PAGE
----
Posted by martinteller on October 29, 2014
There couldn’t be a better title for this film. Simple, elegant, powerful and highly appropriate. I don’t think there’s anything that matters more to John Cassavetes than an actor’s face. Whether it’s the creases in John Marley’s cheeks as he busts himself up with another corny joke, or coy but cautious eyes of Gena Rowlands as she juggles potentially dangerous strangers in her home, or the boyish grins of Seymour Cassel pouring on the charm, or the watchful gaze of Lynn Carlin as she stoically keeps her feelings to herself, the camera is right up in those faces. Drinking it all in, pouring it all out. The possessive leers of Fred Draper, the desperation of Dorothy Gulliver, the devious bravado of Val Avery.
But more than that, it’s a movie about the faces we wear, the masks we’re constantly swapping out. We try different ones out when they’re not getting our needs met. We put on a face to save face. We don a persona to seem like the life of the party, the unflappable top dog, the available companion. When a little alcohol enters the picture, the faces fly around more recklessly. It’s hard to keep up, we forget who we really are. Sometimes the mask slips and there is a moment of genuine human contact. Sometimes there are dire consequences. Someone is suddenly put on the spot, and they have to decide whether to lower their mask. Something awkward is said, something more real than anyone else was prepared for. Or we reveal the bitterness brewing inside us, it’s not all fun and games goddammit. There’s a person under here, can’t you see that? “I think we’re making fools of ourselves.”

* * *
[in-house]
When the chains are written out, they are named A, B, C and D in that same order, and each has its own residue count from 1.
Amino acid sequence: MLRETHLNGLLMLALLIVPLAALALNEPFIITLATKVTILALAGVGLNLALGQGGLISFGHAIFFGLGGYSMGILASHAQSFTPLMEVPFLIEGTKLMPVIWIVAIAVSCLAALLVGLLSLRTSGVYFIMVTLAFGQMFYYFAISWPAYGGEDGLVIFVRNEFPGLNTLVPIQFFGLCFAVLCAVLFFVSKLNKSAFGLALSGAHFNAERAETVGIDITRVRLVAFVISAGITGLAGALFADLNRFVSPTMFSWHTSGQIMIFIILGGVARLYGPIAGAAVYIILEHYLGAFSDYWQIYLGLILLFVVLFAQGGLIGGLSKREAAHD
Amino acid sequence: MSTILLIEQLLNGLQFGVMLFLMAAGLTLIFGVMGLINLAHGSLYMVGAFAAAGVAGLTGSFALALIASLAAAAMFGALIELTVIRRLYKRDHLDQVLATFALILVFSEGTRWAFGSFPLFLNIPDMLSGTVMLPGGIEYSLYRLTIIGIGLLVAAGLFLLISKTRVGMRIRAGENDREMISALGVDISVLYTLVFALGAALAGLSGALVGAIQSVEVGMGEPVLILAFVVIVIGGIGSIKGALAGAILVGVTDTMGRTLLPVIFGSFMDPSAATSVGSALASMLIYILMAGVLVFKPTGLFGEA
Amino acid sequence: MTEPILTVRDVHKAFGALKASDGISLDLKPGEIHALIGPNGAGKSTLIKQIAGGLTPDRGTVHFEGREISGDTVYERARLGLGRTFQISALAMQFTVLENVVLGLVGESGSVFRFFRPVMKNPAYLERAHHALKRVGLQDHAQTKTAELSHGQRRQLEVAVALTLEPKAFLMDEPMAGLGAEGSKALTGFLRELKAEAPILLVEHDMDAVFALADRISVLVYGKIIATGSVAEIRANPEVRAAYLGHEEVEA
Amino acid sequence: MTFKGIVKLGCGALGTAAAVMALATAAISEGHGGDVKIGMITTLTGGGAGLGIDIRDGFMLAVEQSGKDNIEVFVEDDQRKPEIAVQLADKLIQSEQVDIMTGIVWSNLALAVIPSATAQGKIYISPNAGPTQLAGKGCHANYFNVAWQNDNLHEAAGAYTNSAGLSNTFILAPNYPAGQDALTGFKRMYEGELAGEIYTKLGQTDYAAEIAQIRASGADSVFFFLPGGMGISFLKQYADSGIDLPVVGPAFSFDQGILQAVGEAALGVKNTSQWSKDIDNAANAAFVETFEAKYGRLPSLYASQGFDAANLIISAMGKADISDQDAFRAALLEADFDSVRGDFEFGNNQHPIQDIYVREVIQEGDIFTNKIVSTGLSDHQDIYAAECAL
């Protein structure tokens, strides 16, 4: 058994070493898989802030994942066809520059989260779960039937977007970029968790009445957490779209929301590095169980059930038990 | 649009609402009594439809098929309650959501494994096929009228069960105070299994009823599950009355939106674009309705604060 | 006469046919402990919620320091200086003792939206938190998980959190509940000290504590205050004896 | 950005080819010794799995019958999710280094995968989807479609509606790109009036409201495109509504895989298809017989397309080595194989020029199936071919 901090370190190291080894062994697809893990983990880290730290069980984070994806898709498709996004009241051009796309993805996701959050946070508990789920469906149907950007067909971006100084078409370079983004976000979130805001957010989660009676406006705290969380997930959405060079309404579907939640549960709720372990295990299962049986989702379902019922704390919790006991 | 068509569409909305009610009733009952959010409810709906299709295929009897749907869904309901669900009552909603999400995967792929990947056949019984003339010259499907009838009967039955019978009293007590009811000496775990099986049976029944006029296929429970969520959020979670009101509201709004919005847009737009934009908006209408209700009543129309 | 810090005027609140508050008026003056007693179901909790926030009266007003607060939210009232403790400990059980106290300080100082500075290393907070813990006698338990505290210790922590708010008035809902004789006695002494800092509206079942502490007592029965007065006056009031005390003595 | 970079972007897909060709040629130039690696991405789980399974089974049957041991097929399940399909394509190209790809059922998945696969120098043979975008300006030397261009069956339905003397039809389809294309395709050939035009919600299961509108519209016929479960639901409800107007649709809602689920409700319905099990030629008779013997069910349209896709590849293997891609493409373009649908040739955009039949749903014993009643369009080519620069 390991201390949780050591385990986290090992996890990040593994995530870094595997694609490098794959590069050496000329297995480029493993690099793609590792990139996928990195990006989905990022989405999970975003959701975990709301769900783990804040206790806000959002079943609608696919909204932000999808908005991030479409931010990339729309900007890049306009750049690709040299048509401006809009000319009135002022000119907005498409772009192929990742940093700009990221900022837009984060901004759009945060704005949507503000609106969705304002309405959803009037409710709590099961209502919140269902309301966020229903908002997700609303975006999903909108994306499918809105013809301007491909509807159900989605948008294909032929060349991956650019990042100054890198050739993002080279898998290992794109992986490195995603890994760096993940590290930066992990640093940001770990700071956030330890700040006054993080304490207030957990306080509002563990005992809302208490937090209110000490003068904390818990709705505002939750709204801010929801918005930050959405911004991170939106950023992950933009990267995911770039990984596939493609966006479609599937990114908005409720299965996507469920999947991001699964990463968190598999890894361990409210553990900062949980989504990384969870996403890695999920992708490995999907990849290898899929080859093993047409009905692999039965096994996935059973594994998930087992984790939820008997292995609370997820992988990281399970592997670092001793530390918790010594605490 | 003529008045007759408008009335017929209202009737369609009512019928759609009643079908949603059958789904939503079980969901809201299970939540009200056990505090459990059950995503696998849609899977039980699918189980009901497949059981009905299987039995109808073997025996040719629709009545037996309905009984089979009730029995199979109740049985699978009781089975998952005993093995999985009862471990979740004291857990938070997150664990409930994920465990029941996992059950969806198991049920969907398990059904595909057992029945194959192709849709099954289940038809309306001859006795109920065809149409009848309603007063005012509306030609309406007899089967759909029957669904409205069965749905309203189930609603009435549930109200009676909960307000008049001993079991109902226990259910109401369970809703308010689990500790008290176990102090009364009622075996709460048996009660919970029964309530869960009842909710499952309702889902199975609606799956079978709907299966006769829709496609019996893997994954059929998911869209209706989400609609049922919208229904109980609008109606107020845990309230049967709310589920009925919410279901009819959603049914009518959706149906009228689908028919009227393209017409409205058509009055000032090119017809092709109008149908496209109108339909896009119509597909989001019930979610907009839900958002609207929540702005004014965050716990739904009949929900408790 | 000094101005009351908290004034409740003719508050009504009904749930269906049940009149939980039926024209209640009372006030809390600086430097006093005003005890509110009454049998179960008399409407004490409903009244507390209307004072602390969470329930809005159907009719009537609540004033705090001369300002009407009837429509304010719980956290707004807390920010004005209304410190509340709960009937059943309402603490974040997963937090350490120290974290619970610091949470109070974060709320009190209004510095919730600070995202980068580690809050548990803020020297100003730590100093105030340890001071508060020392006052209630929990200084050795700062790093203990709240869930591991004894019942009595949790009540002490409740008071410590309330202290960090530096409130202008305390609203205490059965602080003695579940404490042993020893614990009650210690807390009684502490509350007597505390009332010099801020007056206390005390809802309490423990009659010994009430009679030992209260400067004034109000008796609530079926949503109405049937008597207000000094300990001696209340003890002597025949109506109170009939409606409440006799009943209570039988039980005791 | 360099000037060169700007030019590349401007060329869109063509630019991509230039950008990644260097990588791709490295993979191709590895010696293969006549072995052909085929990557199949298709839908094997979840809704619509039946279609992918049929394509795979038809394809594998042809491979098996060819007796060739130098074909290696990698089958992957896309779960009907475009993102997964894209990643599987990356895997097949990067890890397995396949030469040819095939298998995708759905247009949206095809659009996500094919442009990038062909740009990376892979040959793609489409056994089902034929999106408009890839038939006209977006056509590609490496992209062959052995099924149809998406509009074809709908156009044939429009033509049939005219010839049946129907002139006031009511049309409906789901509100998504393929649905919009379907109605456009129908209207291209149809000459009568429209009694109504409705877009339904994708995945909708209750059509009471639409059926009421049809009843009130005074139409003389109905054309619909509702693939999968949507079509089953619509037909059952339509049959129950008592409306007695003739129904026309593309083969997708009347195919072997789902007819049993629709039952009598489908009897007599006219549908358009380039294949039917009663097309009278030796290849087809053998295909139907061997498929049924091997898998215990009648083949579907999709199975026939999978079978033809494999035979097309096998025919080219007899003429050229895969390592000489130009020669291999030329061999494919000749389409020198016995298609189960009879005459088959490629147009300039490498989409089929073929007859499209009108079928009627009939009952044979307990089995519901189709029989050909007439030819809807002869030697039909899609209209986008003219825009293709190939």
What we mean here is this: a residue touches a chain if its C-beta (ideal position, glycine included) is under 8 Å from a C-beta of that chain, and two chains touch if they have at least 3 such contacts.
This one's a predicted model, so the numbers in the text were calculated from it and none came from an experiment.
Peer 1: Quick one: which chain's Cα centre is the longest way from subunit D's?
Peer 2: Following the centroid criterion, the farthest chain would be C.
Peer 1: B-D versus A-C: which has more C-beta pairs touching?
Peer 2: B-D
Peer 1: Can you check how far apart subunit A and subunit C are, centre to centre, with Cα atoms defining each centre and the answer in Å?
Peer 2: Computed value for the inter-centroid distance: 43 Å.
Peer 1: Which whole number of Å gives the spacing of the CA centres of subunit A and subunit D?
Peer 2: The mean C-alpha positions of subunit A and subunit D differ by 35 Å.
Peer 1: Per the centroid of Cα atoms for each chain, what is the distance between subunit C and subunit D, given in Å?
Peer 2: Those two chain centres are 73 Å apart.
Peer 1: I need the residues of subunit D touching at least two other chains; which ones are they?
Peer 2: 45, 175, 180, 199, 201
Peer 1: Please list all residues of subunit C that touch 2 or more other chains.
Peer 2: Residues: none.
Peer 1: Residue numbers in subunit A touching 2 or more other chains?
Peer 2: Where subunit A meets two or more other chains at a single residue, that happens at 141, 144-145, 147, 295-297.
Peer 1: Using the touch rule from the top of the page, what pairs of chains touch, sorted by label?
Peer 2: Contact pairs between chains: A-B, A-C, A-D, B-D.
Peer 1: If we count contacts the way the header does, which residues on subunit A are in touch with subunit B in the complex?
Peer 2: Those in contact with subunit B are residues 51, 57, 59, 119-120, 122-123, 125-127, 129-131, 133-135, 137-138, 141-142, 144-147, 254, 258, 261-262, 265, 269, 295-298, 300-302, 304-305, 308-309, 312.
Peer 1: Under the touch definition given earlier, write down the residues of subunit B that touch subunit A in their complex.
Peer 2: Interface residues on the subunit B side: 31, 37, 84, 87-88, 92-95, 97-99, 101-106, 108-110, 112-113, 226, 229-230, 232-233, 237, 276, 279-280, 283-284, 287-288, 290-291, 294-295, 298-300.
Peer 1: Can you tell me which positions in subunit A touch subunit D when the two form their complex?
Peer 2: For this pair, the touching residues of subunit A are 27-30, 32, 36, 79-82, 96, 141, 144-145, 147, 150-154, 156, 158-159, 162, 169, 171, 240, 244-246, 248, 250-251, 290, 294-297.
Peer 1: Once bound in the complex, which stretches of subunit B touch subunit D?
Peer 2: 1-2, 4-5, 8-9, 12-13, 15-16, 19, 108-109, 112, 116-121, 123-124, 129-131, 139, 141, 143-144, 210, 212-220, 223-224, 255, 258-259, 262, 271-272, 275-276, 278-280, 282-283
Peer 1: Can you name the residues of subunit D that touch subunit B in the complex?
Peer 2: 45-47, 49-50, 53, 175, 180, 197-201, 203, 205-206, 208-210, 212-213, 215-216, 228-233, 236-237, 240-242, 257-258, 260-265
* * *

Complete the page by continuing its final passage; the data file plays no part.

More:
But sometimes those real moments are our saving grace. Our vulnerability is reciprocated with kindness and understanding. And Cassavetes knows, he knows… that is the deepest beauty there is. Amid the crazy, shambling dance of social interaction, a dance we’re all making up as we go along, nothing is more right than when — even if only for an instant — two people find their step together, naked and open. The face under the face sees the face under the face, and feels love for it. True, deep, powerful joy. Rating: Great (92)